To do that, we assign each team to work on a specific, relatively small part of the application. It's like creating a huge structure from Lego, during which children or adults in small groups prepare each of its elements separately.
What are microservices?
A microservice is a small application that performs only one task well. It's a small component that can be easily replaced, independently developed, and installed. A microservice is part of a larger system, launched and working together with other microservices to achieve what would otherwise be handled by one large, stand-alone application.
Definition based on the book "Microservices" by Susan J. Fowler.
Giants prefer microservices
It's no wonder that Amazon, Twitter, Netflix, eBay, and Uber have abandoned monolithic applications. These mentioned companies focused on microservices architecture because they noticed it helps them avoid major obstacles, which Susan J. Fowler mentions in her book:
- Insufficient system efficiency.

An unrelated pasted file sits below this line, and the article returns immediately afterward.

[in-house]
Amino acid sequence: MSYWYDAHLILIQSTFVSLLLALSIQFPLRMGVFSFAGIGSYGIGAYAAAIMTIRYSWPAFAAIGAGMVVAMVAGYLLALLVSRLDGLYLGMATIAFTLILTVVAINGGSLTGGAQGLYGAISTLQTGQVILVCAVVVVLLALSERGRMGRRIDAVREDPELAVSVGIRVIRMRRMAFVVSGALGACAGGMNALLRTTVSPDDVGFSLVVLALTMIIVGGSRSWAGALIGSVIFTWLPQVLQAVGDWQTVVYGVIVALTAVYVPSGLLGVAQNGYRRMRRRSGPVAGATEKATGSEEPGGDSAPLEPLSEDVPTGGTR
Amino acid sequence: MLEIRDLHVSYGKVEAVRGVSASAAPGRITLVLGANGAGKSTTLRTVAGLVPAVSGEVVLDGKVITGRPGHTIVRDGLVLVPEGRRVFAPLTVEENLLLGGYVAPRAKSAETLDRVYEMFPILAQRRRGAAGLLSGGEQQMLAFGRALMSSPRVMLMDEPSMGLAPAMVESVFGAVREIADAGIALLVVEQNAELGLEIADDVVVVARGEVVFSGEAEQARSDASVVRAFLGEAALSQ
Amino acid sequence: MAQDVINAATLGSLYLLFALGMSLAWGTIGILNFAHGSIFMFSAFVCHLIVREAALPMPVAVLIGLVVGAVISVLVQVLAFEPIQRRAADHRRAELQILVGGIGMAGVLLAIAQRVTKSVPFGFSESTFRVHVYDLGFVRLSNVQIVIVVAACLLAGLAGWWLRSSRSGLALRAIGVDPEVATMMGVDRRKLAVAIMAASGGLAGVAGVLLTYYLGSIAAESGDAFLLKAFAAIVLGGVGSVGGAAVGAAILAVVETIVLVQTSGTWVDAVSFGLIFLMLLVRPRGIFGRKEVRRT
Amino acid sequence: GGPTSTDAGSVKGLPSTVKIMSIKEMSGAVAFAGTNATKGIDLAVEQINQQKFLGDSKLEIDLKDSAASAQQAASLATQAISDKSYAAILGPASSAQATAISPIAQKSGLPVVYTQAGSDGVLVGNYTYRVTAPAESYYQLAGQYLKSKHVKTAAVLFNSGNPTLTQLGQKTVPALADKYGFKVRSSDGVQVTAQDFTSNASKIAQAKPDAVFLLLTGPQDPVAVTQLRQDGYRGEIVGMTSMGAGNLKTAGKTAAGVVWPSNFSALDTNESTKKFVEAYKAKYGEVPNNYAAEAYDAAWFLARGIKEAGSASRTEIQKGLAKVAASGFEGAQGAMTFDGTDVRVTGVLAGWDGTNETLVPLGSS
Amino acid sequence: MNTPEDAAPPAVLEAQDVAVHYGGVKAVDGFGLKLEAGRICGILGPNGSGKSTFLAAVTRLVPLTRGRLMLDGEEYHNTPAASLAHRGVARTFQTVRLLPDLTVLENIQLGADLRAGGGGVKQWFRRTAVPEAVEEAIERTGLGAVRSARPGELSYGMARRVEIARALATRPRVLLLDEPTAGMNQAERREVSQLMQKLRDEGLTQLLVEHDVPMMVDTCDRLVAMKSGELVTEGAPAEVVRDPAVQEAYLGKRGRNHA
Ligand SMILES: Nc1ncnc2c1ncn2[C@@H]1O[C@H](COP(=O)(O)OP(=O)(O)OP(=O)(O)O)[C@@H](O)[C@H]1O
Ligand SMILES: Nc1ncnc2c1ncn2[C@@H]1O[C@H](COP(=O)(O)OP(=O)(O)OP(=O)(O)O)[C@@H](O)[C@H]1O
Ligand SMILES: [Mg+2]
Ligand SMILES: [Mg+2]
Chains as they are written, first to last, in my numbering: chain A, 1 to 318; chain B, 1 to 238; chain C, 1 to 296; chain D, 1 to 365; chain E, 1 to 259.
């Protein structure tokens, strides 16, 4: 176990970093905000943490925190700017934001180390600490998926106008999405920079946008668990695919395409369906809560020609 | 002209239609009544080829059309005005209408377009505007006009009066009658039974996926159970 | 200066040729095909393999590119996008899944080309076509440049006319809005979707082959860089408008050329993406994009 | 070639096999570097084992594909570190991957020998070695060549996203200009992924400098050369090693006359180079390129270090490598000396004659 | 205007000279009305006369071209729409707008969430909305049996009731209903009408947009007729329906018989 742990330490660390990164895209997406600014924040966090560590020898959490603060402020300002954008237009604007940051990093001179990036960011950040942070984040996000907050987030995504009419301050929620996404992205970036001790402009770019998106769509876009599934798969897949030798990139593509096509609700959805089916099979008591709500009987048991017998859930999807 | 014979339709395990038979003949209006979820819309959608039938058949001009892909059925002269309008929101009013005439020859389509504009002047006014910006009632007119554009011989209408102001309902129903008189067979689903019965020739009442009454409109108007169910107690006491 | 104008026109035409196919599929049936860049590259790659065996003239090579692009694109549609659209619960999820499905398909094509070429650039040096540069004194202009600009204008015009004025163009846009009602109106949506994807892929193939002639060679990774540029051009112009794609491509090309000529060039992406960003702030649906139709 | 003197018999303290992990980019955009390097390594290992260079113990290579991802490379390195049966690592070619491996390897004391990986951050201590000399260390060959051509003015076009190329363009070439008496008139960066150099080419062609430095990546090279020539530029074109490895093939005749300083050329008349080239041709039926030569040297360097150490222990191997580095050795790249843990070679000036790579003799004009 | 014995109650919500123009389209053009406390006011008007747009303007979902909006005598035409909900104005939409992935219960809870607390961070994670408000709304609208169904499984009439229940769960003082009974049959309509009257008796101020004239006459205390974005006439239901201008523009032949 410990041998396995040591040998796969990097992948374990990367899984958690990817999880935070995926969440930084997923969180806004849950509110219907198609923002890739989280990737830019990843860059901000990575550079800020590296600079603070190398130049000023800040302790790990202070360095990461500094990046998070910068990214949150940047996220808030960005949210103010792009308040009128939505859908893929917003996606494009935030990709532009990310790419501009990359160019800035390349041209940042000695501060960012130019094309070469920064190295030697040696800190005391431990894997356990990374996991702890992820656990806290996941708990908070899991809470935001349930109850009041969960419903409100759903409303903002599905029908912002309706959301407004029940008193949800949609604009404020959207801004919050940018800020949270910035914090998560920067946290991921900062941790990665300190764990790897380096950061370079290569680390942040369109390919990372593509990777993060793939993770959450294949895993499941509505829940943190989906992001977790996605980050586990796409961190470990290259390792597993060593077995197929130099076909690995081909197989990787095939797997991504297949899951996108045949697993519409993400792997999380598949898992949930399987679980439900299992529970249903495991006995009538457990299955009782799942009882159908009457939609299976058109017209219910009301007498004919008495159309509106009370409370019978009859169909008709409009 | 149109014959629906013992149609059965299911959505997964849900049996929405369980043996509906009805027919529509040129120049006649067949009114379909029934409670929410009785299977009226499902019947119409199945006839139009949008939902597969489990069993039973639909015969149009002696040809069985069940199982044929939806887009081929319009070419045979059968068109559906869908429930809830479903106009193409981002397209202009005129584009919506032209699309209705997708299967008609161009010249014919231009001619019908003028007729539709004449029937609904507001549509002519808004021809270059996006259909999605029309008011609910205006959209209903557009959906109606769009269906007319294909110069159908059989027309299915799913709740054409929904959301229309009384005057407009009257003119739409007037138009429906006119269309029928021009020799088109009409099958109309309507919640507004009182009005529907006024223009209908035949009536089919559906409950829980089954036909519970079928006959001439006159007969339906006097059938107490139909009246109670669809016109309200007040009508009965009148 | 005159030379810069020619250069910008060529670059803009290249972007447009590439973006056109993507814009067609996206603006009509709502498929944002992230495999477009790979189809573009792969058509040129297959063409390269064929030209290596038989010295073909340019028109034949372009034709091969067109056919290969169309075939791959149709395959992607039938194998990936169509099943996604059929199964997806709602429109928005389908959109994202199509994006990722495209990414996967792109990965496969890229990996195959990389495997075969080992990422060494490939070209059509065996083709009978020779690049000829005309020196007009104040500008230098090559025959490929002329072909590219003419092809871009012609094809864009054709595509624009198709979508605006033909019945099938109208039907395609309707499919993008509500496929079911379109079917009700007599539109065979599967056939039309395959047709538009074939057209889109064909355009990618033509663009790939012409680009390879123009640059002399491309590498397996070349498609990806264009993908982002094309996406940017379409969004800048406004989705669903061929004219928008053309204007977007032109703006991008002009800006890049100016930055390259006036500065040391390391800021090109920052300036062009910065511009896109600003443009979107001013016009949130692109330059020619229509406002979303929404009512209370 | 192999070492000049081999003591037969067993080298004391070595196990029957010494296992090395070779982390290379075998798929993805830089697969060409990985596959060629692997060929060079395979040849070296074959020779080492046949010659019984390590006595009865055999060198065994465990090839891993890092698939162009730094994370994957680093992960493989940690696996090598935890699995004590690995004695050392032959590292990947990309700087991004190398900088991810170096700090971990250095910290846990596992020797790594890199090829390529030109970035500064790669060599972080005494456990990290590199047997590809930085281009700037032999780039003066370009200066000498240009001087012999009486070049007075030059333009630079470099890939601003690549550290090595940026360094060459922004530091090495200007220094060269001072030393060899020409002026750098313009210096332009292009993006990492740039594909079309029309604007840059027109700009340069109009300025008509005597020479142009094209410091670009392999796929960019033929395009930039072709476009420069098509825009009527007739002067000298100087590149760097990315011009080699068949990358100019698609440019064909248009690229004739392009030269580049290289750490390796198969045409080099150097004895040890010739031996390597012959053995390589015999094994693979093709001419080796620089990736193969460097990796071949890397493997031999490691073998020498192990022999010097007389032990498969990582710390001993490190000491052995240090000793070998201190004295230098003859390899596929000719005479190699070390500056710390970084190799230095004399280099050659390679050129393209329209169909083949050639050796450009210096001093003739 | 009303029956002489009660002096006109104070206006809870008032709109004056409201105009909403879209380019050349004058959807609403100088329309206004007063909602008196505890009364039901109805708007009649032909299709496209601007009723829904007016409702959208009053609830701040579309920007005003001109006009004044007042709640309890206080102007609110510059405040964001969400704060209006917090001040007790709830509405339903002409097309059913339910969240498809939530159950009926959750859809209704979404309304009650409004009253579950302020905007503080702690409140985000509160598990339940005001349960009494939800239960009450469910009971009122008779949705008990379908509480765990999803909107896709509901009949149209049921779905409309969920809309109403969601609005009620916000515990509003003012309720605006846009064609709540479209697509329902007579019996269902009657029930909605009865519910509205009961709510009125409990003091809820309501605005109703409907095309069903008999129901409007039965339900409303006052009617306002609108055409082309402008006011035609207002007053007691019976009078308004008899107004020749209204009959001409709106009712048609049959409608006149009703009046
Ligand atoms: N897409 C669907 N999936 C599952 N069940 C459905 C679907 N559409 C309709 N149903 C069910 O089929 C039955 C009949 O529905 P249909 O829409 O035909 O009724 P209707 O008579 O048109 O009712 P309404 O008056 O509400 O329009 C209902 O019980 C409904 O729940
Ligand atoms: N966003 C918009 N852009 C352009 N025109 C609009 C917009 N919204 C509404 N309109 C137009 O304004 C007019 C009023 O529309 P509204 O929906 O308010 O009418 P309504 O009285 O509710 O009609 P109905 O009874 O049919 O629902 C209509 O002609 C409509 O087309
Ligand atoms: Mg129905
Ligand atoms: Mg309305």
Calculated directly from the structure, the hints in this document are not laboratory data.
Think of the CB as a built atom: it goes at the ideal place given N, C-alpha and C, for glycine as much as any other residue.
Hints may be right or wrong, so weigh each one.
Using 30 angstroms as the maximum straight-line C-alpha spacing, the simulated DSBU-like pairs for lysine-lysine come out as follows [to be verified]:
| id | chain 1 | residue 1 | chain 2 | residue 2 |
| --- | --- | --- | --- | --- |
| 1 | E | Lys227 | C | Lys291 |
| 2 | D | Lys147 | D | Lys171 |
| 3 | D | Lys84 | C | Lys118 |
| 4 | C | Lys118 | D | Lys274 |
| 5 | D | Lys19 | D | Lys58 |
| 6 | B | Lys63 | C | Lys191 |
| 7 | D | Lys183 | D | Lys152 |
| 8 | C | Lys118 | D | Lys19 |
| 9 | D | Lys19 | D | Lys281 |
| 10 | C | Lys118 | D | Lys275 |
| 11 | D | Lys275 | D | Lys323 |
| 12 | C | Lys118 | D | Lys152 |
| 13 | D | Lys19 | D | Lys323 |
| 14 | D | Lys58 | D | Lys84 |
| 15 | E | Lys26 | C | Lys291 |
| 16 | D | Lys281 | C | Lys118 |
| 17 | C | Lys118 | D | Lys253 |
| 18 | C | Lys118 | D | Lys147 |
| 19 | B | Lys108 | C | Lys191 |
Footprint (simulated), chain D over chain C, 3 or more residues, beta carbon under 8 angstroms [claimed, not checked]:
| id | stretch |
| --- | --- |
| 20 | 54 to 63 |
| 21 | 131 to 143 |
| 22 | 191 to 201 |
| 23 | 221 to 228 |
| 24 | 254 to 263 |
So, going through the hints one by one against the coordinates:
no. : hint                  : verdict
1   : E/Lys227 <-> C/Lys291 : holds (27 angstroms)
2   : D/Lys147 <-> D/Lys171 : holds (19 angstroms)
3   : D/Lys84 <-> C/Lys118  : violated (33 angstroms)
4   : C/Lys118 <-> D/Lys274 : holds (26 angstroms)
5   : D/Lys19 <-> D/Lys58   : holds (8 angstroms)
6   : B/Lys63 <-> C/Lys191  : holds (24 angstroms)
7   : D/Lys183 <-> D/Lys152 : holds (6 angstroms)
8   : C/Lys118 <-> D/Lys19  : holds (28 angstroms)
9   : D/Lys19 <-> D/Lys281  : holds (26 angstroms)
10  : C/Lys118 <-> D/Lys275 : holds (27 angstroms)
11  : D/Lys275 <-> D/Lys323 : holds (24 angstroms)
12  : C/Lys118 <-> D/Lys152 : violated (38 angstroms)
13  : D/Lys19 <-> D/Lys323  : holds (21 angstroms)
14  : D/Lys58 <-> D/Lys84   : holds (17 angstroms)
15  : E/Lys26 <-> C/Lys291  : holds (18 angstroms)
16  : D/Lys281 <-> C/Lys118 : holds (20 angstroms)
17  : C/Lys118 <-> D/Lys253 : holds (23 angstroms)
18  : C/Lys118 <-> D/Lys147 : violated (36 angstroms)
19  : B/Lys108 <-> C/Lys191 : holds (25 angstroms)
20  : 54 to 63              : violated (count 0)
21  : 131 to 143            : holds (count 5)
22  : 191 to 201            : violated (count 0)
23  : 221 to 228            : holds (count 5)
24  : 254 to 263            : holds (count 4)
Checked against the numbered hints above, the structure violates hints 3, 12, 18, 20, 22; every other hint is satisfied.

- Slow-pace development.
- Difficulties in adopting new technologies.
Susan J. Fowler warns that problems arise when we try to implement complex software systems in a large monolithic application. Despite the risk mentioned above, she advises adopting the microservices architecture.
Today, it is common to divide an application into three separate elements: frontend, i.e., the client side, backend, and database. Susan J. Fowler describes the cooperation between each of these elements as three-tier architecture:
"Requests are made to the application through the client-side piece, the backend code does all the heavy lifting, and any relevant data that needs to be stored or accessed (whether temporarily in memory or permanently in a database) is sent to or retrieved from wherever the data is stored. We’ll call this the three-tier architecture."
Susan J. Fowler, Microservices
An example of programming challenges and microservices at a web development company
To further illustrate how helpful microservices are, let's use the example of a young web development company, which initially employs a few employees and creates simple applications, and the number of orders overlaps with human resources at the company's disposal.